The West Church congregation disbanded in 1887. Andrew Wheelright, member of West church bought the building to save it from demolition. The West Church was converted into a desperately-needed branch library in 1894. In February 1896, the building was structurally remodeled to serve one of the most heavily populated sections of Boston. For the next sixty-six years. During the WWI, the library stayed open long hours to keep impoverished residents warm. This practice continued through the Great Depression, the WWII, and the Korean War.
In 1961, the building was purchased by the Methodist Church to provide a home for a new congregation, formed by the merging of Copley Methodist Church and the First Methodist Church on Beacon Hill. In May 1964, the Rev. John Lilly led Old West Church in its first service of worship. Dr. Wilbur C. Ziegler succeeded him and Rev. Dr. William E. Alberts succeeded Dr. Ziegler.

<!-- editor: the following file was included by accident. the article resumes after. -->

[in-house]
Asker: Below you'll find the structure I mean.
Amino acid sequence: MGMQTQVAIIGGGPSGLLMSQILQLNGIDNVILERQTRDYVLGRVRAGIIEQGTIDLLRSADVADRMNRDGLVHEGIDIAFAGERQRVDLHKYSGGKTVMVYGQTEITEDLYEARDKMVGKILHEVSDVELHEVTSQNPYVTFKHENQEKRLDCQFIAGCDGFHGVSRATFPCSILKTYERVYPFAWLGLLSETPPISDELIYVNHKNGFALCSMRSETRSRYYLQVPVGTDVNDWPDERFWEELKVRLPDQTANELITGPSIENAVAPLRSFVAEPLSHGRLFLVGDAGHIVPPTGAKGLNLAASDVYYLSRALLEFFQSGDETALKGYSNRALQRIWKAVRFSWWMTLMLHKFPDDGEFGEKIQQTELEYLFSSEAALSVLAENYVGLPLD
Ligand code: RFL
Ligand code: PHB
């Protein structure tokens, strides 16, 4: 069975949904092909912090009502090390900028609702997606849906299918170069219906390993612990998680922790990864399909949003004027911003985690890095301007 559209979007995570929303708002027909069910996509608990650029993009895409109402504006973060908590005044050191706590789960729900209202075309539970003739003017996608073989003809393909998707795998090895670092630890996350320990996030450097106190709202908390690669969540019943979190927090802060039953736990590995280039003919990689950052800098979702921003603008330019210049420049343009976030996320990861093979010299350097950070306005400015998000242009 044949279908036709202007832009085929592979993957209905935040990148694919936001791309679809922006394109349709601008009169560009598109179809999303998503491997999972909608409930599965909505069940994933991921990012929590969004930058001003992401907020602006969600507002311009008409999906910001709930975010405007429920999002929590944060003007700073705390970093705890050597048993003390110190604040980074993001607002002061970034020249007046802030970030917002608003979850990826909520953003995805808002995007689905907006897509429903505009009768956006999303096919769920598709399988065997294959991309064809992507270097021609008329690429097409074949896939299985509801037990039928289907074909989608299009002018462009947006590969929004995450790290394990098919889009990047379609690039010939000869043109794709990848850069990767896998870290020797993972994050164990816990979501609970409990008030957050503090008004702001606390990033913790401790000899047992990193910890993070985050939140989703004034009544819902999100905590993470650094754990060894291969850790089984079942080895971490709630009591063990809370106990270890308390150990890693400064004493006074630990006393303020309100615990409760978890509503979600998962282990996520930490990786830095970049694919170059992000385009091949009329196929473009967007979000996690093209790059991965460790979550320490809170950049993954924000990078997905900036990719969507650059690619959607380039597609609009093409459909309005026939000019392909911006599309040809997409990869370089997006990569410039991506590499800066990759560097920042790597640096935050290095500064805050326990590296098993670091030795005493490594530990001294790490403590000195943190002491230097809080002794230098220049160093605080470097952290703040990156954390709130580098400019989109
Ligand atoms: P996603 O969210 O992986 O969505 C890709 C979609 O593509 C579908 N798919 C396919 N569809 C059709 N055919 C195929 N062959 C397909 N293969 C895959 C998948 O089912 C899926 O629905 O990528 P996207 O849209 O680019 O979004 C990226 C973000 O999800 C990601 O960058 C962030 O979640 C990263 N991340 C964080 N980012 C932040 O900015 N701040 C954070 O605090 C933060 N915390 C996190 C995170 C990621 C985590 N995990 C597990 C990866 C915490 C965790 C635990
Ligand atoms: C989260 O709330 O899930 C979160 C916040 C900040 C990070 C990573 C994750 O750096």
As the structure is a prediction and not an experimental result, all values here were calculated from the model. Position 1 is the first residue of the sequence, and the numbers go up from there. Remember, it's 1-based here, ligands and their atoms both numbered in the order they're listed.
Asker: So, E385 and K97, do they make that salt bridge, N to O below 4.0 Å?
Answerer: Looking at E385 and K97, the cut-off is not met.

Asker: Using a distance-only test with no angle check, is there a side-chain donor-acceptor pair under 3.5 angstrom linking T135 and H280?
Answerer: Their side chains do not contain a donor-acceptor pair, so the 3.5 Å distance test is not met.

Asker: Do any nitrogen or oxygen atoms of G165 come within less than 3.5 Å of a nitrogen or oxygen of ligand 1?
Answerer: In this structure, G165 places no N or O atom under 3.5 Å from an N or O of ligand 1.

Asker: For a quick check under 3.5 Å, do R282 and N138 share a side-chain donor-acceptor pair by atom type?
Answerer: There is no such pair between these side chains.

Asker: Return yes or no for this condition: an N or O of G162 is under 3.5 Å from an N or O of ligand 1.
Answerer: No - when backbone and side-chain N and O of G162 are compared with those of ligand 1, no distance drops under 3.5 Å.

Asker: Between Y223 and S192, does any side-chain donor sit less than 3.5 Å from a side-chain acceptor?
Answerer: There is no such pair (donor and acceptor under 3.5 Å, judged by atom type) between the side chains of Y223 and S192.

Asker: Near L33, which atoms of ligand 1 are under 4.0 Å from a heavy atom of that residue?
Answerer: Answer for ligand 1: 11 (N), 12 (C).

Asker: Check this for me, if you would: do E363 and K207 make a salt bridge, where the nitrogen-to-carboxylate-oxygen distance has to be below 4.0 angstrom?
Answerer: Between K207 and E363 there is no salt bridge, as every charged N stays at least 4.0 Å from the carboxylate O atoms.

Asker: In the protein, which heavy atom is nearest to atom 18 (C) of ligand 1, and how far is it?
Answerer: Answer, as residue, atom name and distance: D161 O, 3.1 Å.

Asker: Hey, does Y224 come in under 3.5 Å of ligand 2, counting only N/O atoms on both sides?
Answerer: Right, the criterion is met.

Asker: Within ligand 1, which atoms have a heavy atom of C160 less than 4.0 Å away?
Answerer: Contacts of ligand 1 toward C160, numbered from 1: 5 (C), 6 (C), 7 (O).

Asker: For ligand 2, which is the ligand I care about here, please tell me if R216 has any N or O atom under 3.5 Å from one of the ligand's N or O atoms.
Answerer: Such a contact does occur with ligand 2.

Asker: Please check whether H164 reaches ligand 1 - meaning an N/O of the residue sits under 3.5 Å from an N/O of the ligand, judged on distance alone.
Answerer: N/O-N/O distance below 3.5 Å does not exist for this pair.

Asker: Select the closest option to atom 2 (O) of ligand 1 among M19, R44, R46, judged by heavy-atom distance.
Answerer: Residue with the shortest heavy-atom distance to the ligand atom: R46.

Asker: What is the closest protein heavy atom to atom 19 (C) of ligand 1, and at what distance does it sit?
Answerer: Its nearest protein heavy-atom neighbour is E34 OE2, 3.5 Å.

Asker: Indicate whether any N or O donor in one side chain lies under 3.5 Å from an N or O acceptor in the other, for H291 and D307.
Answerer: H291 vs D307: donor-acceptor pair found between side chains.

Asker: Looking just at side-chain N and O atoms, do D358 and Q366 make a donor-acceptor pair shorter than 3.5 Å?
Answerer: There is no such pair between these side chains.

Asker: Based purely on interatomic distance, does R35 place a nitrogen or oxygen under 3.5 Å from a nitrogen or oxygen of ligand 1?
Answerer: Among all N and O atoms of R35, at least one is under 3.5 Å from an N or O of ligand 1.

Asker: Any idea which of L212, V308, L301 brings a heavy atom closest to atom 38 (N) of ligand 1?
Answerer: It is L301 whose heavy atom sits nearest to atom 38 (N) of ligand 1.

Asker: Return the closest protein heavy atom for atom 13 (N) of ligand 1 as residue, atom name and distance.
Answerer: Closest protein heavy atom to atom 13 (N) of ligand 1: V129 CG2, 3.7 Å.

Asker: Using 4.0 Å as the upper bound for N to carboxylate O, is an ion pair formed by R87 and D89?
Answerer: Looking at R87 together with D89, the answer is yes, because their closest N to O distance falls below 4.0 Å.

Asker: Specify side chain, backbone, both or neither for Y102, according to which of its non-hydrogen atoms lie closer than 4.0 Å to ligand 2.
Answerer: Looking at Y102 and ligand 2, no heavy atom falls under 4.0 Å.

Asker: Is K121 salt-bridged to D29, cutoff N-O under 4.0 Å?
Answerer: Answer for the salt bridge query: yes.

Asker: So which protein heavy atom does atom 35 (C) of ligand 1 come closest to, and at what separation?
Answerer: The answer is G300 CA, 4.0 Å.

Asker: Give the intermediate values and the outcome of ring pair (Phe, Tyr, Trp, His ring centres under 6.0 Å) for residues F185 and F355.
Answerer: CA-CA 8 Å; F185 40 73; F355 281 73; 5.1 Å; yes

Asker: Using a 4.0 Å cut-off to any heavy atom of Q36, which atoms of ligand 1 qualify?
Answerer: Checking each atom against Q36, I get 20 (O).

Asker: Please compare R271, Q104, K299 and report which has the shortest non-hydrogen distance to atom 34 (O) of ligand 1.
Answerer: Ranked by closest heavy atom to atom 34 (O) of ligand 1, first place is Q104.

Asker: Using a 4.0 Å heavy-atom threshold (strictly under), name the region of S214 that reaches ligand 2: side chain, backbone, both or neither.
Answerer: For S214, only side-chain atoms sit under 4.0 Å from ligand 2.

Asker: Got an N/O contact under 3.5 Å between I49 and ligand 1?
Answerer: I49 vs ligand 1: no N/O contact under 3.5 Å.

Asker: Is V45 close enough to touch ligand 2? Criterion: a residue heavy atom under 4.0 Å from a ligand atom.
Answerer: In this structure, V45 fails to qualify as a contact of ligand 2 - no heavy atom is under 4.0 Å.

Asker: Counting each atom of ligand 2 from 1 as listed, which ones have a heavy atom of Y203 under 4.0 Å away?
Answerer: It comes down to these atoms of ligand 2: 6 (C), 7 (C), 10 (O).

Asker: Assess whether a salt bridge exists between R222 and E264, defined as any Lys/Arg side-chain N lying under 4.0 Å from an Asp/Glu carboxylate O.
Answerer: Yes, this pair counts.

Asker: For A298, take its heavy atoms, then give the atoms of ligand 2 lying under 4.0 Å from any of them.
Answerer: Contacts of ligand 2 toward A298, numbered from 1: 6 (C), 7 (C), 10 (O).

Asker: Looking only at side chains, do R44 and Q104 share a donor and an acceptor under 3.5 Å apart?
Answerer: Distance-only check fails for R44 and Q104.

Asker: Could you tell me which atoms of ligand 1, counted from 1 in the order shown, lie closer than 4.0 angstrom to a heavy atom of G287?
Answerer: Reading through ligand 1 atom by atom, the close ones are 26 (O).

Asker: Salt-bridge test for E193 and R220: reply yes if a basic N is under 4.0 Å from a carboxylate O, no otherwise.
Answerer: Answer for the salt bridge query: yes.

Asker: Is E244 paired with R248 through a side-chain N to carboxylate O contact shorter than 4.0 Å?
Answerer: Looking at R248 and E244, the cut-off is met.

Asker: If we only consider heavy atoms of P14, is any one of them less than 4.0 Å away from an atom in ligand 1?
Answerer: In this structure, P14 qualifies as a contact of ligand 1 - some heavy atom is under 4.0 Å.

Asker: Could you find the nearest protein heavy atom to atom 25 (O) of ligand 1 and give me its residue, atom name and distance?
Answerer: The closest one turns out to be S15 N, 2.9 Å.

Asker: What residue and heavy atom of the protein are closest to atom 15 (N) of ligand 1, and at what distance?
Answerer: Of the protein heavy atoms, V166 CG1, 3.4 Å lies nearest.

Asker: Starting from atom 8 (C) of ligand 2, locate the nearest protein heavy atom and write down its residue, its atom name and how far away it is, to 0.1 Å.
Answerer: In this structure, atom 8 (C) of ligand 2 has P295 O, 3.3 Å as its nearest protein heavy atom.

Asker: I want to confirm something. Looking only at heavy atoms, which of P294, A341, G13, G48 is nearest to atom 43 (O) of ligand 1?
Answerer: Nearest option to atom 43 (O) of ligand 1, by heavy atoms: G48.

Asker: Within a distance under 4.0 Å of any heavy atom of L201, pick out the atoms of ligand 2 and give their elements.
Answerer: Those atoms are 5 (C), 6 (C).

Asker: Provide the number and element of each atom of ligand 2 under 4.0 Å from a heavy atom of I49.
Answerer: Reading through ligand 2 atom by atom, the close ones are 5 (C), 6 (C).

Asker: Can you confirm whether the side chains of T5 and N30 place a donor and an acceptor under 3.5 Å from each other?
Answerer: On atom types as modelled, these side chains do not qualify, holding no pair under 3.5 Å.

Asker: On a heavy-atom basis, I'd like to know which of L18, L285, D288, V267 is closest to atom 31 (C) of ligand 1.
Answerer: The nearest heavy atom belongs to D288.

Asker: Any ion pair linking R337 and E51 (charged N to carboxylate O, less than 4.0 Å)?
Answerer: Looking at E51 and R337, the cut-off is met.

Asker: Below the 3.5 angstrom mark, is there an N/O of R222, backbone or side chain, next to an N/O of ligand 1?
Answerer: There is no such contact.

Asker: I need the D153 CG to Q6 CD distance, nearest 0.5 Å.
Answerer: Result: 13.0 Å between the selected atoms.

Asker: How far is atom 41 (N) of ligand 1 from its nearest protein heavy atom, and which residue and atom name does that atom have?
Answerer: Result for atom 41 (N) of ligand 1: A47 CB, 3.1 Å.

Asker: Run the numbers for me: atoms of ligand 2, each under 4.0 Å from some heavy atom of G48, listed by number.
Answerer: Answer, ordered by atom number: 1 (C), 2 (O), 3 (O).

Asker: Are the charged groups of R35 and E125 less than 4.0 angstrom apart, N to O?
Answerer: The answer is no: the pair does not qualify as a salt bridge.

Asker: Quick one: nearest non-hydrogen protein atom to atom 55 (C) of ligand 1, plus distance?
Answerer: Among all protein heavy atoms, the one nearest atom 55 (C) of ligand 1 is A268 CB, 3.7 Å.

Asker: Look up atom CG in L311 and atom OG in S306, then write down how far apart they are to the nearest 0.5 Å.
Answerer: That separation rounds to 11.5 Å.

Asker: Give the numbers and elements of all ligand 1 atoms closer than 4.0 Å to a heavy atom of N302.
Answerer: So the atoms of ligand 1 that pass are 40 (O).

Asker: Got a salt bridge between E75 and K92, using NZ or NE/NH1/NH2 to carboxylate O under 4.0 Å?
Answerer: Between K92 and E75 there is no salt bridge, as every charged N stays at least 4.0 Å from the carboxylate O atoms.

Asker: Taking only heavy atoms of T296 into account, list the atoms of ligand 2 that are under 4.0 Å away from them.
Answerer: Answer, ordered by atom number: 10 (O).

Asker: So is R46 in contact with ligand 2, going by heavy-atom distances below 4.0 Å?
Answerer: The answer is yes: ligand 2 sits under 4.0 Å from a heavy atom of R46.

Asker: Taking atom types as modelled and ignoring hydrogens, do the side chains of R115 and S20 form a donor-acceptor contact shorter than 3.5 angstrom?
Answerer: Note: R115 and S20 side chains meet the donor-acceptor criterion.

The Metropolitan Community Church of Boston began holding its worship services at Old West. The church became an urban training parish for students from Boston University School of Theology. Over 50 students have received training within Old West’s parish.
In 1971, Old West Church was designated an Historical Landmark. In this same year the internationally-acclaimed organ was completed by Charles B. Fisk and dedicated on Easter Sunday. This instrument is recognized as one of the finest contemporary organs in the world.
Dr. Richard Eslinger served from 1973 until 1978. From 1978 to 1982, Dr. Richard E. Harding served as pastor of Old West Church. From 1982 until 1991, the Rev. F. Willard Moffat served as Pastor, building the congregation to represent a diverse cross-section of people and neighborhoods throughout the Greater Boston area. The Rev. Gary F. Nettleton, led the congregation from 1991 to 2001.